Lud-in-the-Mist, the capital city of the small country Dorimare, is a port at the confluence of two rivers, the Dapple and the Dawl. The Dapple has its origin beyond the Debatable Hills to the west of Lud-in-the-Mist, in Fairyland. In the days of Duke Aubrey, some centuries earlier, fairy things had been look upon with reverence, and f...more
Nathaniel Chanticleer is a village mayor in the town of Lud-in-the-mist. Lud is on the border between the real world and the fairy one, but the townspeople have prohibited and stigmatized most dealings with fairies to the point of them being used as curse words. But all isn't that well, as Chanticleer is haunted by the sound of a mystical note, and his children might be eating the fairy fruit...
It's a d...more
I'm not too high and mighty to admit that I bought this because Neil Gaiman recommended it. He has an undeniably good nose for classics, and his taste is clearly similar to mine, despite all the issues I have with his writing.
Mirrlees writes beautifully, lightly, intelligently, with great vision and simple, evocative prose. She has the subtle skill that I admire so strongly in Diana Wynne Jones of describing a sense, or a thoug...more
But Hope Mirrlees' enchanting fantasy "Lud-in-the-Mist" defies many such fantasy cliches, written as if "The Hobbit" had been spun up by Lord Dunsany. It's a sweet pastoral story that slowly blossoms out into a very unique story -- there's a little murder mystery, an amusing village of hobbity people, and a quick...more
There in a the small village of Lud in the Mist in the country of Dorimare lives Mayor and High Senechal Nathaniel Chanticlee. He and most of the citizens of the place have languished in inattention in the peaceful beauty of their town where the Dapple and Dawl rivers meet. The terrifying histo...more
Lud-in-the-Mist is a fairytale about a village on the edge of Fairy that has tried, for years, to deny the fairy half of its heritage. The resulting imbalance creates trouble, kidnapping, and murder, which must be addressed by the town's day-dreaming, scatter-brained Senechal,...more
There was no sense then that this was a feted book, lauded by the likes of Neil Gaiman; it has a very old-fashioned, American cover and it cost me a princely 75p by the looks of it. It's staye...more
What initially attracted me to the book, however, was not Startdust's author, but the book cover. There's the phrase, 'never judge a book by it's cover' but I couldn't help but want to read this book based on the cover. I'm glad I chose it as well. It was certainly an interesting, if at times somewhat difficult, read. I say diff...more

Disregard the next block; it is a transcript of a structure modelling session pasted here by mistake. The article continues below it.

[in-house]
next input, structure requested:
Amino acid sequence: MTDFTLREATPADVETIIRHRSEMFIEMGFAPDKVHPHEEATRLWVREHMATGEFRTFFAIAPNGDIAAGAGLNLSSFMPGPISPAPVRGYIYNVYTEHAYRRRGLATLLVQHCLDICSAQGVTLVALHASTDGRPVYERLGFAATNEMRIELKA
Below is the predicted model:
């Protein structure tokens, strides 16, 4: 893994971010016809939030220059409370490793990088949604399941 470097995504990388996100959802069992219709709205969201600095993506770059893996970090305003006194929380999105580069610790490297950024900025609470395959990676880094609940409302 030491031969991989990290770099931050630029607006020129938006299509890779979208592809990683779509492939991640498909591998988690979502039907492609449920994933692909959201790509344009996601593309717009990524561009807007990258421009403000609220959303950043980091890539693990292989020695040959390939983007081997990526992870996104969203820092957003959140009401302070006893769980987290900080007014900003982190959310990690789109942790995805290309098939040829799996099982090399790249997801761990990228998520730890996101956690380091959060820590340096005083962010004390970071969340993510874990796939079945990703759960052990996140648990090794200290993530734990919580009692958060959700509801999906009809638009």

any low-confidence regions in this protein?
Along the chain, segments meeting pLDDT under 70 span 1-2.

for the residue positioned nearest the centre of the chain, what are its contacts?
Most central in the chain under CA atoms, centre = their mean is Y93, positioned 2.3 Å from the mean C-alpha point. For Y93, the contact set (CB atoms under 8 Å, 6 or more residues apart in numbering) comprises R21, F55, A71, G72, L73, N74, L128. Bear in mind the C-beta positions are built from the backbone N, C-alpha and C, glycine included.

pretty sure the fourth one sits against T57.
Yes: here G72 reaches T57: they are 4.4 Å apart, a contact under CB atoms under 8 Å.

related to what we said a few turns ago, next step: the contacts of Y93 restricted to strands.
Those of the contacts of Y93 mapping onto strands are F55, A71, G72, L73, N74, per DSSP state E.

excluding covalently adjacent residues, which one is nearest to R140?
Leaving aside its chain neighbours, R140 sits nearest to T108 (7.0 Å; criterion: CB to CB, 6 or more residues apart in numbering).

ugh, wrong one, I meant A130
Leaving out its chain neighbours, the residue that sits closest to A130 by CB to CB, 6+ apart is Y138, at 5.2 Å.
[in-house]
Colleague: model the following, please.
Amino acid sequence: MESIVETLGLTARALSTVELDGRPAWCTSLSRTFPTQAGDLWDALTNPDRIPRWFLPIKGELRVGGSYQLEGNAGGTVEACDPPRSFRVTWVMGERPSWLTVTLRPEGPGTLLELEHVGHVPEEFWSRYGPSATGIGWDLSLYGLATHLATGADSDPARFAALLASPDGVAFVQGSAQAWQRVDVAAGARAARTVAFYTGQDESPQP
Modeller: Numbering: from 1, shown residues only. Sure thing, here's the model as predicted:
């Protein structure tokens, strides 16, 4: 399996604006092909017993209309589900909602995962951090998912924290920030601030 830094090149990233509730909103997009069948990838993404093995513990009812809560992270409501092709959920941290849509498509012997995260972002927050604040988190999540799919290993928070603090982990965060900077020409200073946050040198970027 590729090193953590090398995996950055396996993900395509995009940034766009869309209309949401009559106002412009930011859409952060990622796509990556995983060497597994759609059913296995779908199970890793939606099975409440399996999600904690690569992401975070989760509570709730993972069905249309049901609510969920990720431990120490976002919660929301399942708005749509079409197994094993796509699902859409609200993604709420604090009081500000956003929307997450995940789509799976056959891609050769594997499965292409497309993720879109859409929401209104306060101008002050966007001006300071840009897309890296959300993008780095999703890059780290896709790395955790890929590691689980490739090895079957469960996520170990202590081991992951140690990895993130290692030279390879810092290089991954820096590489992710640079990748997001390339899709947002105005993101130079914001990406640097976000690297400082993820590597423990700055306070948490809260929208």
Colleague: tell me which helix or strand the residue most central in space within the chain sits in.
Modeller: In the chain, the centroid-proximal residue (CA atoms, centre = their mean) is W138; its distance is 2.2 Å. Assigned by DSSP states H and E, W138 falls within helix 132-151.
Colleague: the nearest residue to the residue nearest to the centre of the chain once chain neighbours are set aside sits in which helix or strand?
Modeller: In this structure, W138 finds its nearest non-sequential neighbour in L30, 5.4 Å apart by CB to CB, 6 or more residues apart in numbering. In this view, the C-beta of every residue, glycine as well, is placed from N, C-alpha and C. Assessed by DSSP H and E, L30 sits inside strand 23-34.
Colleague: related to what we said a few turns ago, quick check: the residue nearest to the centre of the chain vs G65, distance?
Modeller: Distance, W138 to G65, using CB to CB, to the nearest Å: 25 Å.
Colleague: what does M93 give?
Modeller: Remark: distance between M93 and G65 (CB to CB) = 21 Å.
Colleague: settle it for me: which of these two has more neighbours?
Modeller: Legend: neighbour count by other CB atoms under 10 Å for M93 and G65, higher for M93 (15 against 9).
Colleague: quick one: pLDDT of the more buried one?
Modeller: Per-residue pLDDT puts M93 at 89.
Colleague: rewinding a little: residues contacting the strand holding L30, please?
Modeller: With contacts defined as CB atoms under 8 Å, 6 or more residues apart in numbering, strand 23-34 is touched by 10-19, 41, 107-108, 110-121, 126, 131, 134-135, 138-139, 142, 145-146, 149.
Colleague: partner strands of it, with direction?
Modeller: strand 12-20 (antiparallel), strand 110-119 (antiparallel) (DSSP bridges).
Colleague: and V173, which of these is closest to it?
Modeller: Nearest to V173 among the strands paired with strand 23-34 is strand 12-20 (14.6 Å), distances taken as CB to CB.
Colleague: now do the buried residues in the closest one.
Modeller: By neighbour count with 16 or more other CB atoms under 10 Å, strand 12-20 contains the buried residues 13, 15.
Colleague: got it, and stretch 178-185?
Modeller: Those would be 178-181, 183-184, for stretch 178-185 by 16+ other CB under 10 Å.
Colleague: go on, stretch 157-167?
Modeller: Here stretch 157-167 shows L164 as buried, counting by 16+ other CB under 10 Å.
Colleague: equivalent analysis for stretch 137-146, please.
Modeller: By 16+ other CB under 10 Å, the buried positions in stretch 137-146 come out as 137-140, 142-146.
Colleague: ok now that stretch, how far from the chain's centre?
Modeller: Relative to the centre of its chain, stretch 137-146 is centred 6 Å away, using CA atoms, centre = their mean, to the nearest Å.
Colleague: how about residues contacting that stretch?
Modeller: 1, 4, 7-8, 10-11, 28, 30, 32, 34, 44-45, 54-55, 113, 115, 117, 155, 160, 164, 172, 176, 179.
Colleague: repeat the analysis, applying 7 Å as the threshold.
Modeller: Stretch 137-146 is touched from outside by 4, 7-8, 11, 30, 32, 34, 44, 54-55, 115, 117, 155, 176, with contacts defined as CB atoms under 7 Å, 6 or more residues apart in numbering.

Eccentricities aside, I really enjoyed the story, and found myself growing fond of the main character, Nathaniel Chanticleer. The world of Lud is one where the rule of law is used...more
Dorimare is bordered by Fairyland, although these days it does its very best to ignore that fact. Two or three centuries ago, under Duke Aubrey, it was different. Trade between the two lands was thriving, and the people of Dorimare enjoyed eating fairy fru...more
Lut-in-the-Mist is a small town set between...more
Although there is a blurb by Neil Gaiman, this book isn't really like his books, imho. Lud-in-the-Mist got a more feminine touch and I found it much funnier than his work. Th...more
I should note that its handling of race is weird -- Tolkien-style "all the non-white people are from somewhere else". Indigo people appear to be the world's analogue f...more
"це роман-притча про те, які небезпеки приховує в собі спроба витіснити з життя все незвідане, таємниче, те, що не вписується в традиційні рамки".
Чарівна Країна, створена автором – безгранична, невичерпна, хаотична, не підпорядкована ні моральному закону, ні єдиному сюжету".
І, схоже, саме у останній фразі вся проблема: сюжетна лінія не прописана,
таке враження, що це чорновий варіант, рукопис, що підлягає грунтовному редагуванню. Дивні образи: наркотичні фрукти, мерц...more
The parallelism of the delusions of Faerie and Law was wonderful, subtly made manifest in the way the Law refers to fairy fruit as silk, and then when Nat's house is searched for silken vanities, fairy fruit hidden by one of the Silent People is found instead.
And every word and moment deeply...more
Here is one such passage of overly descriptive prose that I actually enjoyed (the other ones I would just skip/skim over), this is Mirrlees describing the coming dawn:
What I particularly loved...more
It's one of those books that literally leaves you open-mouthed by the consistent bad-assedness of its social satire and linguistic inventio...more
"And yet . . . I have never tasted fairy fruit," said Master Nathaniel in a low broken voice.
"There are many fruits in my orchard, and many and various are the fruit they bear - music and dreams and grief and sometimes, joy. All your life, Cha...more
Stylistically, I found echoes of this in Jack Vance's "Lyonesse" books. Certainly I think if you liked one then you'll like the other. But don't read this if you want more...more